EECS20N: Signals and Systems

Why model signals?

We are generally interested in manipulating signals. We may wish to synthesize signals, as modems need to do in order to be able to transmit a voice-like signal through the telephone channel. We may instead wish to analyze signals, as modems need to do in order to extract digital information from a received voice-like signal. In general, the field of communications is all about synthesizing signals with characteristics that match a channel, and then analyzing signals that have often been corrupted by the channel to extract the original information.

We may also wish to synthesize natural signals such as images or speech. The field of computer graphics puts much of its energy into synthesizing natural-looking images. Image processing includes image understanding, which involves analyzing images to determine their content. The field of signal processing includes analysis and synthesis of speech and music signals.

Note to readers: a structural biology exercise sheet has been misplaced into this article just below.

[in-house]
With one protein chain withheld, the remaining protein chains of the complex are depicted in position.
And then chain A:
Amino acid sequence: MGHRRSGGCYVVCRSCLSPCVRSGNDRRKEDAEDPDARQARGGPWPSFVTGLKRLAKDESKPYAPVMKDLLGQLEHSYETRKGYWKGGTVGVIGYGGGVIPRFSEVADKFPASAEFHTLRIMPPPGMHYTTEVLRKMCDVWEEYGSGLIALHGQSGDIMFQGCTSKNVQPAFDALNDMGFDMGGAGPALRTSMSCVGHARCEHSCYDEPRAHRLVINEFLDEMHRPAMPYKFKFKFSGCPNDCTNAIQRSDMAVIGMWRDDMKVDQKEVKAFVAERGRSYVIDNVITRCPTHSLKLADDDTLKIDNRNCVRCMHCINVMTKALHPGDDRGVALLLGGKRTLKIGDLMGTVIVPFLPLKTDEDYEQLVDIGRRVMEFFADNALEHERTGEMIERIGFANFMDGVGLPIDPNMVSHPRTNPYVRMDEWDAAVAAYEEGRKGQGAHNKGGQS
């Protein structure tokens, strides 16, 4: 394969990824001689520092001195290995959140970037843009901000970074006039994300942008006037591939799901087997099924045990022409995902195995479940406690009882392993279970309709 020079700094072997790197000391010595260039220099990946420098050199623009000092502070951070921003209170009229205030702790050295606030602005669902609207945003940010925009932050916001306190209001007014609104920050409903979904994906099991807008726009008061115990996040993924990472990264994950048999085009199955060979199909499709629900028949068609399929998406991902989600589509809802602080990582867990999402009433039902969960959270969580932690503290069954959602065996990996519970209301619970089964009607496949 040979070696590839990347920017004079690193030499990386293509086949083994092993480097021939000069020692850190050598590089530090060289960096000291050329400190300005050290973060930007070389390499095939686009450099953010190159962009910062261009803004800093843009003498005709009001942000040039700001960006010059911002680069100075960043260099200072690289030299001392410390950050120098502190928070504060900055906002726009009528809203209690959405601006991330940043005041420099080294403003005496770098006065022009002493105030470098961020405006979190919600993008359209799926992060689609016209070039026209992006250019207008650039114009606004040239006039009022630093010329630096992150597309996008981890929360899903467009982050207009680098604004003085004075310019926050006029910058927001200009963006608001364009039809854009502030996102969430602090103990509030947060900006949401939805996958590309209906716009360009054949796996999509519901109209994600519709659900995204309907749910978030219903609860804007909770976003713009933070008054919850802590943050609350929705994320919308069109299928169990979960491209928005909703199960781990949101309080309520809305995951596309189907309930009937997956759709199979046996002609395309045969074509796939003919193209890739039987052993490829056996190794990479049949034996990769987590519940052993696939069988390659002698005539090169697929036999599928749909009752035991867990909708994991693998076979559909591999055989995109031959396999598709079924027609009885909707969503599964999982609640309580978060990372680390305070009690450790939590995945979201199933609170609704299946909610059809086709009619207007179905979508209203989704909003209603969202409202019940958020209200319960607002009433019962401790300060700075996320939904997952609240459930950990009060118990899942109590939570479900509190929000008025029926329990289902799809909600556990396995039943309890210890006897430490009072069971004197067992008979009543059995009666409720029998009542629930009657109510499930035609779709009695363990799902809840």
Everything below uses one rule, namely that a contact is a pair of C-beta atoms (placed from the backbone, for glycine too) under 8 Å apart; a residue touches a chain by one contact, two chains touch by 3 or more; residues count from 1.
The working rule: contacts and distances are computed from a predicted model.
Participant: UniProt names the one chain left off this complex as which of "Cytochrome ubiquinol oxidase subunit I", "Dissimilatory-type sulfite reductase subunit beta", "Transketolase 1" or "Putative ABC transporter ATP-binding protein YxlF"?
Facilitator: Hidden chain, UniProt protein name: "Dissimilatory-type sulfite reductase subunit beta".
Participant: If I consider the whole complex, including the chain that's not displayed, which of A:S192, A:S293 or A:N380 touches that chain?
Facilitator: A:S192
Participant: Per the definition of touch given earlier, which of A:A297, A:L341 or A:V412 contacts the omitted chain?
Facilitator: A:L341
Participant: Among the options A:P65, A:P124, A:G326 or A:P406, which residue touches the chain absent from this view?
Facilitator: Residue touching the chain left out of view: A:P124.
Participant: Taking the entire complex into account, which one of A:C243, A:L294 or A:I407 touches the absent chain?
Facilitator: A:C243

In order to analyze or synthesize signals, we need models of those signals. Since a signal is a function, a model of the signal is a description or a definition of the function. We will use two approaches. The first is a declarative (what is) approach. The second is an imperative (how to) approach. These two approaches are complementary. For certain problems, one is better than the other. For other problems, the situation is reversed.